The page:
Focus on spiritual intimacy

Journey together through a devotional designed for couples, and follow the given prompts for each day or week. Pray a rosary, chaplet, or novena. Work together to memorize a new prayer—with one spouse looking at the words and the other spouse practicing from memory. Read and reflect together on the Scripture for the upcoming Sunday’s Mass. Although daily Mass and adoration are beautiful, sacred experiences to share with your spouse, Christ dwells in your home—even with you on the couch—and yearns to be an active participant in your domestic life.

Travel through time

Ask your families to share old photo albums or home videos with you. If you and your spouse were not friends during the childhood years, get to know the child who grew up to marry you. Videos reveal the sweet voice of their younger years. Pictures are a provocation for stories, faded memories, and old relationships. In what ways do you see your spouse’s inner child still alive today?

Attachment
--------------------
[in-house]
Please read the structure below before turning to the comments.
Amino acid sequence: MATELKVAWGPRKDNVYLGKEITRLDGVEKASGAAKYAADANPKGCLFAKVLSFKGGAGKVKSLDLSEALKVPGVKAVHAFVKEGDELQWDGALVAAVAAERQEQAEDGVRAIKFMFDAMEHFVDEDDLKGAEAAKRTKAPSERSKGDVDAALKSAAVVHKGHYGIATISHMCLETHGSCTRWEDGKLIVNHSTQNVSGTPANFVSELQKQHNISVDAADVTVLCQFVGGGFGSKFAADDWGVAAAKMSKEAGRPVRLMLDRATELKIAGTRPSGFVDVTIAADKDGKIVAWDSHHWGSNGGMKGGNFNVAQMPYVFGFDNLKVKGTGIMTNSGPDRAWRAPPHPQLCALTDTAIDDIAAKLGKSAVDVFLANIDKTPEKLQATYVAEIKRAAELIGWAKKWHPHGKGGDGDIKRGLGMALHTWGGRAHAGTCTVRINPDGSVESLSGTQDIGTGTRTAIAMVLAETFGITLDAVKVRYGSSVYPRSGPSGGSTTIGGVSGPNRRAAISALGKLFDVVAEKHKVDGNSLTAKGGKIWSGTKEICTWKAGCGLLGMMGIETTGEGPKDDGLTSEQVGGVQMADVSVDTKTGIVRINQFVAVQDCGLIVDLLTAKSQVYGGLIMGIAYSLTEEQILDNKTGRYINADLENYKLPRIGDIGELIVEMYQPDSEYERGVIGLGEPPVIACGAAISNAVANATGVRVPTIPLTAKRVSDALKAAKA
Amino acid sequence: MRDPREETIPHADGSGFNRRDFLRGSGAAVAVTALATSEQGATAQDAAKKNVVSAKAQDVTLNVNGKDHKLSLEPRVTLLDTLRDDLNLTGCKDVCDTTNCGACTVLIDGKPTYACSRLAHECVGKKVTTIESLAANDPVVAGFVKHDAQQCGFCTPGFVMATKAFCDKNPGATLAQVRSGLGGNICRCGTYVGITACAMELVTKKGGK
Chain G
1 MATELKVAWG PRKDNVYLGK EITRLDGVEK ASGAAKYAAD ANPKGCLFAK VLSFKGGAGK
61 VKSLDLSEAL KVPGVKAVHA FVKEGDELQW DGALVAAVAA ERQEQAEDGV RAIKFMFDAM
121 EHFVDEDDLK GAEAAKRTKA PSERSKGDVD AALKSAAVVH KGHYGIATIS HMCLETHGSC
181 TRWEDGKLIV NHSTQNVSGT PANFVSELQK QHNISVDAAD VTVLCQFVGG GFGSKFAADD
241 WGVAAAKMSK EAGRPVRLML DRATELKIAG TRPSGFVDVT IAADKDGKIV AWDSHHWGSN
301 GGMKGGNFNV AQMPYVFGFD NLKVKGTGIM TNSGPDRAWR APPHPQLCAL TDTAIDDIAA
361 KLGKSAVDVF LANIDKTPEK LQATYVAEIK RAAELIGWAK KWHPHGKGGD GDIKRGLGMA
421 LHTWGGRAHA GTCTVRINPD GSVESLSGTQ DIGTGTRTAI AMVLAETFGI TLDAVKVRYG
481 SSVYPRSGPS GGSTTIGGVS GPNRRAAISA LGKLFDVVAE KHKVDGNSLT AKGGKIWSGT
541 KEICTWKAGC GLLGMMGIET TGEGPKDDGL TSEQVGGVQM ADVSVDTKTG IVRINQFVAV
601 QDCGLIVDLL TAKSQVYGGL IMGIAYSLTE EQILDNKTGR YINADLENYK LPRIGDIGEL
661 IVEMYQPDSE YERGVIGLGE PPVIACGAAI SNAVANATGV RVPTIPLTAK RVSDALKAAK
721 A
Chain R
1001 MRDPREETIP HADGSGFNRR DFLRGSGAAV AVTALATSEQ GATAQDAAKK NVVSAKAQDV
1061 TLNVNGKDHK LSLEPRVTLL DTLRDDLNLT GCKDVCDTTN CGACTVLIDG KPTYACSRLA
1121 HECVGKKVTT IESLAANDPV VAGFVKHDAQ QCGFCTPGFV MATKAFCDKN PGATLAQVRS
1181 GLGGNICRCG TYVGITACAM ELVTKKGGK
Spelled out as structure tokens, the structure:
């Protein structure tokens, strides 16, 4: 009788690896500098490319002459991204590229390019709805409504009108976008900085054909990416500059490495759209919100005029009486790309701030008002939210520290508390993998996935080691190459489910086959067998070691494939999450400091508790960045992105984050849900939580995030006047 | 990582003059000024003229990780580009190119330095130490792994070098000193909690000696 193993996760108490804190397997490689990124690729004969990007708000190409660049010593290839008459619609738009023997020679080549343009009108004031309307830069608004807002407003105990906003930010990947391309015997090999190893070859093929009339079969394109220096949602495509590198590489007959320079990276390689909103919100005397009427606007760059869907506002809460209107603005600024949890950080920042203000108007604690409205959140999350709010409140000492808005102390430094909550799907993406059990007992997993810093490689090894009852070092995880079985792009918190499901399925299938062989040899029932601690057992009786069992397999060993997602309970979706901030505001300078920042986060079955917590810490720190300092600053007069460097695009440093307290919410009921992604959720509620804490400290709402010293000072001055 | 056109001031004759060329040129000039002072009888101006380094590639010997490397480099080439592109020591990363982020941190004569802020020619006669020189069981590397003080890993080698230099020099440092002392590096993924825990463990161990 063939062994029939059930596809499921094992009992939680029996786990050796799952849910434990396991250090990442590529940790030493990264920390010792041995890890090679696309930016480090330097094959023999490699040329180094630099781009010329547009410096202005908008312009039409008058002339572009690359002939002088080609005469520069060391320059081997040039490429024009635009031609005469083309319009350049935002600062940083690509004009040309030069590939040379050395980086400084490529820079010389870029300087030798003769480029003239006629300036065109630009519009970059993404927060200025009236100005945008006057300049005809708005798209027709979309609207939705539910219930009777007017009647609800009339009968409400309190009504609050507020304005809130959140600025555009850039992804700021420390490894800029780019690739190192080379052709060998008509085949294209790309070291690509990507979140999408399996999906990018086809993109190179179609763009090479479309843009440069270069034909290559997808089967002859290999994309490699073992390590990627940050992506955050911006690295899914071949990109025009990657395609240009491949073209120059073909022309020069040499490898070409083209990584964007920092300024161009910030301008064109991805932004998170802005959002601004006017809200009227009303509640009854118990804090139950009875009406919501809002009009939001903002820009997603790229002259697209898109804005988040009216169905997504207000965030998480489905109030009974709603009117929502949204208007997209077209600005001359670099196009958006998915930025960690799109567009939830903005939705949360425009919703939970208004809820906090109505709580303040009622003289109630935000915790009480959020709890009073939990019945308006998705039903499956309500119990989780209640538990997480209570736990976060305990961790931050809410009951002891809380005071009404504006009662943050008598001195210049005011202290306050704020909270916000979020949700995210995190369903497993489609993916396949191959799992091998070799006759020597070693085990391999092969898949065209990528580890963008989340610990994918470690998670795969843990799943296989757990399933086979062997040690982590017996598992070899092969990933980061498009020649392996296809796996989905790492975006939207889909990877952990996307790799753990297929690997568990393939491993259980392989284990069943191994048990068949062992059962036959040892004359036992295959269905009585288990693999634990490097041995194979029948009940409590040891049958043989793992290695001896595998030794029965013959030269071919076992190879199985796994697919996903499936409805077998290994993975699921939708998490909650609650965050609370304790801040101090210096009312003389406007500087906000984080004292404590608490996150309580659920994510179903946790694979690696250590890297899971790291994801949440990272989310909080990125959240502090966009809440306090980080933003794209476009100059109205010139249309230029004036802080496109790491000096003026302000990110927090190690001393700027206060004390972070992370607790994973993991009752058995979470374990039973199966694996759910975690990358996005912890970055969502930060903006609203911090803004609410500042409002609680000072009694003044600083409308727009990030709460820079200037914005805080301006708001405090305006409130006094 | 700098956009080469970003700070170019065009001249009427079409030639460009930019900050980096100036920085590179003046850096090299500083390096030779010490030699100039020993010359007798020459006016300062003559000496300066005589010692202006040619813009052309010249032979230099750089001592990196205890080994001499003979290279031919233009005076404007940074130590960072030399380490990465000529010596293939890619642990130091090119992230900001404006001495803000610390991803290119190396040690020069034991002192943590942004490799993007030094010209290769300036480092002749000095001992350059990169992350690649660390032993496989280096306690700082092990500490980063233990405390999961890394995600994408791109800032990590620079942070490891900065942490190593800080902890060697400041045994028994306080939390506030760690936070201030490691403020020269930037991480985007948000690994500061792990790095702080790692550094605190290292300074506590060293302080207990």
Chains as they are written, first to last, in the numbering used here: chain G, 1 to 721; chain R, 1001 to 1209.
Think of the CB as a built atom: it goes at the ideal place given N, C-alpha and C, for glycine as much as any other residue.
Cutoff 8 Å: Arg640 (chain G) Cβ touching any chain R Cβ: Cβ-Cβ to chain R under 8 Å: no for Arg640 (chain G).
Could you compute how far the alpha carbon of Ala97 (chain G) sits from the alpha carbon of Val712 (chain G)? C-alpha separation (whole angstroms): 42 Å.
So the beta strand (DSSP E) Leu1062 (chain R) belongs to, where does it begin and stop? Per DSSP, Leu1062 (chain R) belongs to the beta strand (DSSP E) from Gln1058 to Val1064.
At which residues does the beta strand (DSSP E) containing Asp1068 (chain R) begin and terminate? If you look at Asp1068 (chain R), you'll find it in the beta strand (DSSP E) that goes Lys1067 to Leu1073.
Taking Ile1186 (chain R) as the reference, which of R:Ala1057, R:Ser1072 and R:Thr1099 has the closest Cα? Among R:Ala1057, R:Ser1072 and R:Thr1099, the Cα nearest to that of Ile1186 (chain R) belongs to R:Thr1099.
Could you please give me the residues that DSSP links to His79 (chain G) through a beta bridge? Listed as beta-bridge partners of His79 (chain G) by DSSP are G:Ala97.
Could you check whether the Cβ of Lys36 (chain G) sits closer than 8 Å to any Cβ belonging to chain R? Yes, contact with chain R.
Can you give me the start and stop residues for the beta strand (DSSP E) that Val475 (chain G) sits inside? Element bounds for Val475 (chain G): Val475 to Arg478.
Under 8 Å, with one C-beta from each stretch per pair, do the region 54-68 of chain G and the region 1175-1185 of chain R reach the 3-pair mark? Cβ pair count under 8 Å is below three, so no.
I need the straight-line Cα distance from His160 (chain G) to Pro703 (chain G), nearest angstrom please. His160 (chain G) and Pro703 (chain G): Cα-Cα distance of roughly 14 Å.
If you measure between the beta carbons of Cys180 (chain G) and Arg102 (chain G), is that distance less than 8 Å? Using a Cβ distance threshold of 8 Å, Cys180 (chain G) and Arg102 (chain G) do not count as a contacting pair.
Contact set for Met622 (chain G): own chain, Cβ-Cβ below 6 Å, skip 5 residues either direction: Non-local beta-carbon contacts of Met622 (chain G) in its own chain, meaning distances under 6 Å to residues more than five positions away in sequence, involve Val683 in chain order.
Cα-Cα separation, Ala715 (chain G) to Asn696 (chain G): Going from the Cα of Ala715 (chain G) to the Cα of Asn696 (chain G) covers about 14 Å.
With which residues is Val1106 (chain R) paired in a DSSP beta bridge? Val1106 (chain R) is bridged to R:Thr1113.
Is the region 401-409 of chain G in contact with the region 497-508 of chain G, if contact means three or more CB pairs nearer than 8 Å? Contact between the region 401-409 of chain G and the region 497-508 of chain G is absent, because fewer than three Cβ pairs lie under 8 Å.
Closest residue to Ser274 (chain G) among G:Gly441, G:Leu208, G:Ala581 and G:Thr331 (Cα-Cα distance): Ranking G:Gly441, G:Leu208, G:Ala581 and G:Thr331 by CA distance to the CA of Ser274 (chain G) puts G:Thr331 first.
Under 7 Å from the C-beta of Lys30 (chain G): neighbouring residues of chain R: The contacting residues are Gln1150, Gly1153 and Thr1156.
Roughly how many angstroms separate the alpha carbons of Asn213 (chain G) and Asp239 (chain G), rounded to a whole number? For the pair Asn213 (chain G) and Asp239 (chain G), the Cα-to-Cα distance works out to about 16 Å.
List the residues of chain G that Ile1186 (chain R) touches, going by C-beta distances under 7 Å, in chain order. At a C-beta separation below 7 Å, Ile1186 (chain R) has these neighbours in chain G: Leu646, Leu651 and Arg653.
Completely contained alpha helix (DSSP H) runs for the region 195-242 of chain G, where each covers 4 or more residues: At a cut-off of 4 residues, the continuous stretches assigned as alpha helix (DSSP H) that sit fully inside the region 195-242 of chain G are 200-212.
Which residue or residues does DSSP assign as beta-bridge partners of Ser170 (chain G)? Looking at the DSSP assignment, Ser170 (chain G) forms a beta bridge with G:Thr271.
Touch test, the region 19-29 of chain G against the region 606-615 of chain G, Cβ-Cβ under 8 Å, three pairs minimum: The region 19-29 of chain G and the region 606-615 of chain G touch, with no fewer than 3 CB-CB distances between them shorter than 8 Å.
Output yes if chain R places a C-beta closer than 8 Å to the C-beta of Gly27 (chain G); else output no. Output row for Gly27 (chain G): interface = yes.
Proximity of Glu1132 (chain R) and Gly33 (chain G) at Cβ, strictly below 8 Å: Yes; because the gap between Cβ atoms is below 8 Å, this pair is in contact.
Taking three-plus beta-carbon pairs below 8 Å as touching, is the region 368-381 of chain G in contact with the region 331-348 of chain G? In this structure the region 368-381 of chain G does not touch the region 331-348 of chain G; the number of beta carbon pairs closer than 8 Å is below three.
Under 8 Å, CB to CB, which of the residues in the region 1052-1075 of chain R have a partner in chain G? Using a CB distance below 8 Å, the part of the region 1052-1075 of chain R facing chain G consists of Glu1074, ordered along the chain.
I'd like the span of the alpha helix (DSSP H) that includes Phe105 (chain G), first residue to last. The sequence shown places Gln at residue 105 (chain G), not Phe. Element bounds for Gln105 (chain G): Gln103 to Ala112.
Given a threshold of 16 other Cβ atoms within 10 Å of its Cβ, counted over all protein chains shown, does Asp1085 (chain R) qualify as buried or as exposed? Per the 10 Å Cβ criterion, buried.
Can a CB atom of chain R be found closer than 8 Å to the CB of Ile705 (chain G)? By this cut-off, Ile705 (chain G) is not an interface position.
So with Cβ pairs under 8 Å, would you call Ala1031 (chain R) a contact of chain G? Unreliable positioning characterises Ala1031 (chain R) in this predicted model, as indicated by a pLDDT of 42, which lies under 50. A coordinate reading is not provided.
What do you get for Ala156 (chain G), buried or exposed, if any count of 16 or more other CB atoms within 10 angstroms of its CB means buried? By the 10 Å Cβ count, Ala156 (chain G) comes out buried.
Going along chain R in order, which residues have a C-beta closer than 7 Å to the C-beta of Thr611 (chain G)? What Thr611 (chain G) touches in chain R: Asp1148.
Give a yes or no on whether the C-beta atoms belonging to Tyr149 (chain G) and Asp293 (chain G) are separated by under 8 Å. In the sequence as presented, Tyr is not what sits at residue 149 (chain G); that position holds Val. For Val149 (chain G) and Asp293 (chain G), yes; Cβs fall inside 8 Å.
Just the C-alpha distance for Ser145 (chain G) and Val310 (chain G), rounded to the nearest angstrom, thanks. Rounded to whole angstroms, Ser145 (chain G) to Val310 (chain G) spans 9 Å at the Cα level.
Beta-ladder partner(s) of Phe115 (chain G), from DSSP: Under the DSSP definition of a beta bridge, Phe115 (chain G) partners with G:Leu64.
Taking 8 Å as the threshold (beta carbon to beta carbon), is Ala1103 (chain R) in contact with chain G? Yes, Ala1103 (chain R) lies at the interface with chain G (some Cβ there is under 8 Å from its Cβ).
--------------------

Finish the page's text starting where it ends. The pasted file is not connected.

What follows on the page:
Muster up new energy

Dare I suggest you break routine, get off the couch, and do something different? My husband and I live walking distance from a bowling alley; it has quickly become our favorite place to get some pizza and hang out on a weeknight. Find a swing set and push each other so high the posts start to rock. Go on a walk around the neighborhood. Stuff your purse with snacks and visit the nearby movie theater. Invite a friend or another couple over for dinner.

Taking time to relax, prioritizing your friendship, and enjoying little pleasures together in this season of life—before your evenings are potentially filled with children’s bedtime routines—helps establish a foundation for a strong, resilient marriage.